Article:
Many people in North Carolina have significant amounts of student loan debt, even years after they graduated from college or graduate school. The costs of attending college have gone up dramatically, and student loan debt is a major issue for many people. When people decide to divorce, financial concerns can be thrown into sharp relief. After all, the financial changes caused by a divorce can linger on for a long time after the relationship issues were long since resolved. Some people may wonder about how their student loan obligations will be dealt with when their marriages end.
In most cases, people who already had student loan debt before they married will remain responsible for their own payments after they divorce as well. This type of premarital debt typically remains separate debt in a divorce. However, the question can be more complicated when the debt was acquired after the start of the marriage. In general, debt accumulated during the marriage is considered to be marital debt to be divided between the parties. Because North Carolina is an equitable distribution state, however, that does not mean that it needs to be divided equally.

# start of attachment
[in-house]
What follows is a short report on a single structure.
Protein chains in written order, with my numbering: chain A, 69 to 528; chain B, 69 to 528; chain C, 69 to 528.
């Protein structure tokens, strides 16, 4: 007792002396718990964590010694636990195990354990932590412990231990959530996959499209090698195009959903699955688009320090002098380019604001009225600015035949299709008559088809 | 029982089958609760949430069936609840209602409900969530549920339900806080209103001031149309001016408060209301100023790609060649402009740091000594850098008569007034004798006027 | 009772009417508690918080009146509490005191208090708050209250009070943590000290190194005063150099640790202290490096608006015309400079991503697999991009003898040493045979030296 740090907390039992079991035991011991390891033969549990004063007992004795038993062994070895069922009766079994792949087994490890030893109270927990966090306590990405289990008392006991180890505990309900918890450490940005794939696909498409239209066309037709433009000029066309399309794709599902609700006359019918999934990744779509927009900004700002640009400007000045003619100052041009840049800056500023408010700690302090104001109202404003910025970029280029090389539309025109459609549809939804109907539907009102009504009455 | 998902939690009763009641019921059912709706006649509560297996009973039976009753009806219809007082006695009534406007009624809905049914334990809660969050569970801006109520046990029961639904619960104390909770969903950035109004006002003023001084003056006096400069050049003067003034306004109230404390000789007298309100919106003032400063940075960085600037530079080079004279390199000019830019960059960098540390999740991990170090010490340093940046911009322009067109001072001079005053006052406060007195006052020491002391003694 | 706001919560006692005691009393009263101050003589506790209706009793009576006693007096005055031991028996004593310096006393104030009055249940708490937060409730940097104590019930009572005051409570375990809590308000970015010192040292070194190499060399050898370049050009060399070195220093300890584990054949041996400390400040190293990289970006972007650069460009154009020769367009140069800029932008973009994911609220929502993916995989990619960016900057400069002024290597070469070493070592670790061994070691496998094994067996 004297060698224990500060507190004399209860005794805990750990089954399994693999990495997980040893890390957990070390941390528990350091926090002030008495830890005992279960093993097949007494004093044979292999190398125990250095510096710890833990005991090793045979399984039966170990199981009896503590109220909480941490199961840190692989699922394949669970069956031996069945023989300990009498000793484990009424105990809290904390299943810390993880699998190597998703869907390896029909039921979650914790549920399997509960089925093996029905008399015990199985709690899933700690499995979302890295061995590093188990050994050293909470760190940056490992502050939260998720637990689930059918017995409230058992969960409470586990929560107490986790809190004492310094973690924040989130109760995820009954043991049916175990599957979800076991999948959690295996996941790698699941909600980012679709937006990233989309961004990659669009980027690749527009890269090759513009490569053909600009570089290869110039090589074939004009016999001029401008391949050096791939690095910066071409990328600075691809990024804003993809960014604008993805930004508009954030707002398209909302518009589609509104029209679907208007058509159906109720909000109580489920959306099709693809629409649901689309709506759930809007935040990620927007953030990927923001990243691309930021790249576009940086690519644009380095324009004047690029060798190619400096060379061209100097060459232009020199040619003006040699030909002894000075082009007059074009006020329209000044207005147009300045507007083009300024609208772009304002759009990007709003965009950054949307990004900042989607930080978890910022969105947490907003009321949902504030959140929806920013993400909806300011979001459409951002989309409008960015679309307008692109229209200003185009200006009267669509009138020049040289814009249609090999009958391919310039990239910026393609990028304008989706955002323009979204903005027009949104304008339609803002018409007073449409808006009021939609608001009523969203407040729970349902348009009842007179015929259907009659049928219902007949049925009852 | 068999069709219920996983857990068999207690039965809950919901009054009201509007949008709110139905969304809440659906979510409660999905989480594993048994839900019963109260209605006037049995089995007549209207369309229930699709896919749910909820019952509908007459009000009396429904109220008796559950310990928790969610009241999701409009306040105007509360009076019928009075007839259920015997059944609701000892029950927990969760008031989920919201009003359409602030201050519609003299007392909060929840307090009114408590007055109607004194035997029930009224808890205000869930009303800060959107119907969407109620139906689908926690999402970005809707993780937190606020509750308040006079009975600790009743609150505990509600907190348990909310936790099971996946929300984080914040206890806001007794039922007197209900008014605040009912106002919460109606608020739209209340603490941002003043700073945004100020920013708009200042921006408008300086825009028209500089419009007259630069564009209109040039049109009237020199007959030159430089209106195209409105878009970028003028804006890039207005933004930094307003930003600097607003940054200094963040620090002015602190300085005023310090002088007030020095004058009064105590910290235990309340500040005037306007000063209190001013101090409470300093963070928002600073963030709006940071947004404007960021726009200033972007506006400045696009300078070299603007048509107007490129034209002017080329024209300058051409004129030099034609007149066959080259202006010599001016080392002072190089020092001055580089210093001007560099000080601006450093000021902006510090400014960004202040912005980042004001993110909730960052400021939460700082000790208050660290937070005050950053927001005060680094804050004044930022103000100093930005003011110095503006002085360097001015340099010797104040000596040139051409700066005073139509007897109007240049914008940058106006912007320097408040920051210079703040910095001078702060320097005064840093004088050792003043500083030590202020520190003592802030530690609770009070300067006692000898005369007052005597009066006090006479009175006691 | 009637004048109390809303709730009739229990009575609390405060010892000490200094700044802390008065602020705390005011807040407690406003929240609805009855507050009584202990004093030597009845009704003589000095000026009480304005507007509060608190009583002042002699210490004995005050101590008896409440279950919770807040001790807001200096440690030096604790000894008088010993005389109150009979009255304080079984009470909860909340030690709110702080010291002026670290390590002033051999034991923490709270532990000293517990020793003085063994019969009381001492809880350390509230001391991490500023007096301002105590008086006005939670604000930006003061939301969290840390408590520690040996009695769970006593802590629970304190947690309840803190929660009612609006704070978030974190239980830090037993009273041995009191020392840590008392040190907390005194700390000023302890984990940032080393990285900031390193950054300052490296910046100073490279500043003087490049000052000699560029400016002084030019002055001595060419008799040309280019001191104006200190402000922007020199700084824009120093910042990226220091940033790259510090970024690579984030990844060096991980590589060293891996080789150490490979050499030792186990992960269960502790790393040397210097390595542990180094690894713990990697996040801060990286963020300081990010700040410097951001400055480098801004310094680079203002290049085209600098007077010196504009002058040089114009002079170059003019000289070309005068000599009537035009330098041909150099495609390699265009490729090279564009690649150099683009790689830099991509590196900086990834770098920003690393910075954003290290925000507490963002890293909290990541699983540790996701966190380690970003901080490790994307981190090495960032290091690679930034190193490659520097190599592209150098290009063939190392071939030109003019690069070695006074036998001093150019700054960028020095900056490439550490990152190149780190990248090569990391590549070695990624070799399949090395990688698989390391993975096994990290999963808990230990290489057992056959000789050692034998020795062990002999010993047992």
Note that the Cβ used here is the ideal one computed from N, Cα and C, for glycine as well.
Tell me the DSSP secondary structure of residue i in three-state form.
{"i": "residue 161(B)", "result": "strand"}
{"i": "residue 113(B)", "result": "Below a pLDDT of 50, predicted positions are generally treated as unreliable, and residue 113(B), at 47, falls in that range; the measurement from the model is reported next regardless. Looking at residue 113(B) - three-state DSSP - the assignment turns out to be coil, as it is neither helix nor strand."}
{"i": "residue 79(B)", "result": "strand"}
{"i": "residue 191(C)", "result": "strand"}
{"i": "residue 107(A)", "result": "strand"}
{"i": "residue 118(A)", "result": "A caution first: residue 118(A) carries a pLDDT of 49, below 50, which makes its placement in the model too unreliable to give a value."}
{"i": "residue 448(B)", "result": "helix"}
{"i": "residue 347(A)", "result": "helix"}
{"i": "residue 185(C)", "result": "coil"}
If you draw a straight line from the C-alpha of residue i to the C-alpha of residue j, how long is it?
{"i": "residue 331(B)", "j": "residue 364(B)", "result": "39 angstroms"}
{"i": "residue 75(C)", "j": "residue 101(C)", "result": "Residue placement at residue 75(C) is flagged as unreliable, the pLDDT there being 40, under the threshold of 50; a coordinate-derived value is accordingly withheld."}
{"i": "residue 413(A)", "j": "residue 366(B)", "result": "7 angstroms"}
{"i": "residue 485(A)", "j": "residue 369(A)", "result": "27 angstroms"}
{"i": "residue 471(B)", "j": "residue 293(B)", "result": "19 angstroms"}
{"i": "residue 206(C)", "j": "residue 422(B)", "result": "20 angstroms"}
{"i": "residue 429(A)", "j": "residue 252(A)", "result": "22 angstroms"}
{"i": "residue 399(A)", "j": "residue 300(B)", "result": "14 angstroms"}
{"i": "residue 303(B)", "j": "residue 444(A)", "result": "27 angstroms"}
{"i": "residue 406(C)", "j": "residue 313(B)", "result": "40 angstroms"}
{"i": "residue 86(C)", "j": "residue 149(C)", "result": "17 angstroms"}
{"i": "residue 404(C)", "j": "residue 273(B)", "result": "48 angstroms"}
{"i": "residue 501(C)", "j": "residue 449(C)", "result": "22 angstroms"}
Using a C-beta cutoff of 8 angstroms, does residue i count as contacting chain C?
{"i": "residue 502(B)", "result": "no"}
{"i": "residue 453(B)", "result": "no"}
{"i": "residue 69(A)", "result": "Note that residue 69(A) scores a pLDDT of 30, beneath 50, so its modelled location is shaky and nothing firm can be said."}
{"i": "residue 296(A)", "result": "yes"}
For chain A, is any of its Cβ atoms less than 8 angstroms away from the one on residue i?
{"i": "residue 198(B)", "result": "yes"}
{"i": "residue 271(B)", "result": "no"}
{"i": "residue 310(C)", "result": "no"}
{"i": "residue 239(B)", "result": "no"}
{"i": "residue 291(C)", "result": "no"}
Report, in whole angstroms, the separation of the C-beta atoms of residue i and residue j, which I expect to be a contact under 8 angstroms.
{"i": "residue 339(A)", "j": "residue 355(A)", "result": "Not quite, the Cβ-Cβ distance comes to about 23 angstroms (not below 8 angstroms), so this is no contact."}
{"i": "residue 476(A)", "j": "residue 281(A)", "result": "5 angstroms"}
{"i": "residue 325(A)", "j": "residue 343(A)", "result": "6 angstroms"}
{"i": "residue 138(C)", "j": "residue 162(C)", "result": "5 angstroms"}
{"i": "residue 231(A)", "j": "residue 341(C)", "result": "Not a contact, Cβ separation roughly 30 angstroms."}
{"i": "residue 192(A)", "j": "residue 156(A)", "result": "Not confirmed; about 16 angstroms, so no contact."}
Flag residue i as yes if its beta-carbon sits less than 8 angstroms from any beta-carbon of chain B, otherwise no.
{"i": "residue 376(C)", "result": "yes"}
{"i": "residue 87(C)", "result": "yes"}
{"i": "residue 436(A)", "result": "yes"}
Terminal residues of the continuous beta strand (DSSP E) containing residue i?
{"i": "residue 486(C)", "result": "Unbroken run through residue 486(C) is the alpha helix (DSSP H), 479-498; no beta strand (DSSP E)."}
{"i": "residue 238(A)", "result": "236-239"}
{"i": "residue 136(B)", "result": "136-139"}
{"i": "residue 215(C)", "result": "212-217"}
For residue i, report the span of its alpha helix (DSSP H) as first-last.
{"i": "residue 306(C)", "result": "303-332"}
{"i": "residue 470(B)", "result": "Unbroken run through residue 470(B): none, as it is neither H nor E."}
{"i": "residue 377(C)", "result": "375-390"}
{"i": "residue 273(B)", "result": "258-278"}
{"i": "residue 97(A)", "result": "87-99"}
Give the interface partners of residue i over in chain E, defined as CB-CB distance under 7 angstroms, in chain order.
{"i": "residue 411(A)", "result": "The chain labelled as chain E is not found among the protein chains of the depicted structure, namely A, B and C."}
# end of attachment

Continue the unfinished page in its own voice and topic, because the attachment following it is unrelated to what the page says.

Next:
Instead, there are several questions that can be considered to determine a fair distribution of the debt. If it mainly went to cover tuition, fees and books, it is more likely to be assigned to the spouse who studied. If the loans also covered the couple's living expenses, that portion may be more likely to be split between the spouses. In addition, the earning power of both spouses would be considered, along with the length of the marriage.
When people decide to divorce, they may be uncertain about how their financial future will be affected. A family law attorney can work with a client to provide representation and advocate for a fair property division settlement.